The big surprise, I suppose, is that when one just goes out into the computational universe without any constraints, one finds that even incredibly simple programs can do extremely rich and complex things. And a lot of the book is about understanding the implications of this for science.
I’ve been very happy with the number and diversity of people who I know have read the book. There’ve been thousands of academic papers written on the basis of it, and there’s an increasing amount of technology that’s based on it. It’s quite amazing to see how the idea of using programs as models in science has caught on. Mathematical models dominated for three centuries, and in a very short time, program-based models seem to have become the overwhelming favorites for new models.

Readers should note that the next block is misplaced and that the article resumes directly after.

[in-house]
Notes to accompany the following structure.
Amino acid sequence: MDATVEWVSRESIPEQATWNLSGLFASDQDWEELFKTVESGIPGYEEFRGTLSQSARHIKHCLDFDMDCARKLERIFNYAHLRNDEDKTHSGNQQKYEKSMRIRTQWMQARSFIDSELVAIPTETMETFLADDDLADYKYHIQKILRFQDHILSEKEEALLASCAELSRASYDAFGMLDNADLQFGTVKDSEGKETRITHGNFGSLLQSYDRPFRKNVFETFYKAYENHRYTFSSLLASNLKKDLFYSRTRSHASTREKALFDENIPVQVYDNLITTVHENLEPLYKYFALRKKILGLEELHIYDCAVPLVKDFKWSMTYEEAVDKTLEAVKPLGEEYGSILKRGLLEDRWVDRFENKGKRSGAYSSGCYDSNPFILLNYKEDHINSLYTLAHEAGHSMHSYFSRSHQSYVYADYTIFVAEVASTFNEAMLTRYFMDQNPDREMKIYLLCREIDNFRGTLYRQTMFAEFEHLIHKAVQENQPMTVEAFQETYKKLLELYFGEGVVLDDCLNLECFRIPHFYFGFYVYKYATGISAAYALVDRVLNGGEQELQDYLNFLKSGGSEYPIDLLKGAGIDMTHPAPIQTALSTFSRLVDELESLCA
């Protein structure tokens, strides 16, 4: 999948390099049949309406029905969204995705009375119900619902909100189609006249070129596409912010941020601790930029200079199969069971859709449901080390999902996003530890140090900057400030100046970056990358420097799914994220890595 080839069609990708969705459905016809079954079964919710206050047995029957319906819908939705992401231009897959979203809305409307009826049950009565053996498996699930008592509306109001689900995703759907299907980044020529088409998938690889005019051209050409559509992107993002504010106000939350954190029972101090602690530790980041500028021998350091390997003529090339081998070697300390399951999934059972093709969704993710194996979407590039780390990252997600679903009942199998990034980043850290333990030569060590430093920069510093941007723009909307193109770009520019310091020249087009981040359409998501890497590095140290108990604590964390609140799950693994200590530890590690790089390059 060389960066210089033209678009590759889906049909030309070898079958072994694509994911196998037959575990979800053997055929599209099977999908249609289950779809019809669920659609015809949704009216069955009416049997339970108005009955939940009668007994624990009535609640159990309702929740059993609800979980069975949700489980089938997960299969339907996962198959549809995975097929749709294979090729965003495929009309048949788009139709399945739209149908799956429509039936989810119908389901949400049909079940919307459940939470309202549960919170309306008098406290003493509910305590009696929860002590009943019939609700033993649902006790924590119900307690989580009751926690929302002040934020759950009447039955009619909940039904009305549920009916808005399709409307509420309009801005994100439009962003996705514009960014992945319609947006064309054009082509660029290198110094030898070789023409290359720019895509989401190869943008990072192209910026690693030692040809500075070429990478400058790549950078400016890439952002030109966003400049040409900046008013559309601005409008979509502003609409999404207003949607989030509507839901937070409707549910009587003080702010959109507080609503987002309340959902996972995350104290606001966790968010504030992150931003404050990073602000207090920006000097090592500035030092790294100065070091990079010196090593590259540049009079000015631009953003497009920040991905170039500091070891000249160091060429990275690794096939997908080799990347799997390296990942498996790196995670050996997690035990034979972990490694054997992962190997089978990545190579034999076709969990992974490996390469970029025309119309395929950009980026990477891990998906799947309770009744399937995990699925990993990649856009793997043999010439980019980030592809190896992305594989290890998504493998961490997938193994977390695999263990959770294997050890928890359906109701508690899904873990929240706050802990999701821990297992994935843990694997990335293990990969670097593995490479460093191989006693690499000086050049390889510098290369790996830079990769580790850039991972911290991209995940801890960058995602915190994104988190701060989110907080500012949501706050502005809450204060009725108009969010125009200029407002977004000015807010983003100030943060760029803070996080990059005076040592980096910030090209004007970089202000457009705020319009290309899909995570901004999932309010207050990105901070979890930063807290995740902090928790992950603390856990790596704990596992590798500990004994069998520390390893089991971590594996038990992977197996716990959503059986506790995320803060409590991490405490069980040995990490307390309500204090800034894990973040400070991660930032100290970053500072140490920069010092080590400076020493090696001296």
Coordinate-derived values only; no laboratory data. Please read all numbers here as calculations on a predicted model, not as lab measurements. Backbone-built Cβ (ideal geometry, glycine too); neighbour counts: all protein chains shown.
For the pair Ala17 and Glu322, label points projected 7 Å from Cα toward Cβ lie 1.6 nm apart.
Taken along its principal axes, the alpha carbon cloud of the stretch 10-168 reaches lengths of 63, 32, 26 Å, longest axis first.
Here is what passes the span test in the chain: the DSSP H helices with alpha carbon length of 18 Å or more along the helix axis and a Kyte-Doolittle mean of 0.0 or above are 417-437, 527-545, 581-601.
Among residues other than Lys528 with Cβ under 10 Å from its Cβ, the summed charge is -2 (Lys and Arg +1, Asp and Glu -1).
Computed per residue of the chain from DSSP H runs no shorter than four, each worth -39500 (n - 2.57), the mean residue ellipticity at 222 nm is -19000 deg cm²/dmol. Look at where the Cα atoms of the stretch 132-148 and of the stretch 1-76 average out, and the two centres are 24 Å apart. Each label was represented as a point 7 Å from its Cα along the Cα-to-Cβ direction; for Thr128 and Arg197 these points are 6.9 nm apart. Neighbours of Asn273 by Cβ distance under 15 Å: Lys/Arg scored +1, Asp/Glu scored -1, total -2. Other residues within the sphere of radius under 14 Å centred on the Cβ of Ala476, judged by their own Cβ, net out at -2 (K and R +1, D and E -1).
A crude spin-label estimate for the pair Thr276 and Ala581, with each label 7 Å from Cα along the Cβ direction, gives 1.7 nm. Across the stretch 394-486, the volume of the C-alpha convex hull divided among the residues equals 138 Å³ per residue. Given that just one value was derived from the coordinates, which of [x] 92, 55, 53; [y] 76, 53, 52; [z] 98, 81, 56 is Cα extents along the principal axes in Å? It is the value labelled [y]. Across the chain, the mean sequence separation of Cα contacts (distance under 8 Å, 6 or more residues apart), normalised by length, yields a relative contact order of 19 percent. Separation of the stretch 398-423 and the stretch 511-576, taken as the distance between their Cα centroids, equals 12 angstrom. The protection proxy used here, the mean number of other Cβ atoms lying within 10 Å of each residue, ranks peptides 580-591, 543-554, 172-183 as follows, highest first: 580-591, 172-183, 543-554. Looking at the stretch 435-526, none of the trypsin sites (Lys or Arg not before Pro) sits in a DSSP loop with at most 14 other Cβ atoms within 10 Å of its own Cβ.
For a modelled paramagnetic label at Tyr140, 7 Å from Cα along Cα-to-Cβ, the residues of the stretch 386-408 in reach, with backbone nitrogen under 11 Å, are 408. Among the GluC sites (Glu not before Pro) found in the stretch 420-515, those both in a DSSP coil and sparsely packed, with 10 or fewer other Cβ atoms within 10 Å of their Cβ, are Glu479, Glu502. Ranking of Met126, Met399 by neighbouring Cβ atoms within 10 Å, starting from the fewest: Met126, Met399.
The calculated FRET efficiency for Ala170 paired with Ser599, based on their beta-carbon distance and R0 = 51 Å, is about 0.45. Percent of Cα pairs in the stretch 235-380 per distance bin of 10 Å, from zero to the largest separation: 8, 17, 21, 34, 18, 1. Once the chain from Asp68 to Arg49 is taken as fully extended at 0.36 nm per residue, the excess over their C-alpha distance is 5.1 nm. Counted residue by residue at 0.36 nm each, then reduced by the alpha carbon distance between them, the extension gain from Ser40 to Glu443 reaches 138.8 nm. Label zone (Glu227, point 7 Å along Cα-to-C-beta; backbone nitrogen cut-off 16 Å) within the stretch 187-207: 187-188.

When the book came out, there was some fascinating sociology around it. People in fields where change was “in the air” seemed generally very positive, but a number of people in fields that were then more static seemed to view it as a threatening paradigm shift. Fifteen years later that shift is well on its way, and the objections originally raised are beginning to seem bizarre. It’s a pity social media weren’t better developed in 2002, or things might have moved a little faster.
Horgan: Can the methods you describe in A New Kind of Science answer the question of why there is something rather than nothing?
Wolfram: Not that I can see so far.
Horgan: Can they solve "the hard problem"? That is, can they explain how matter can become conscious?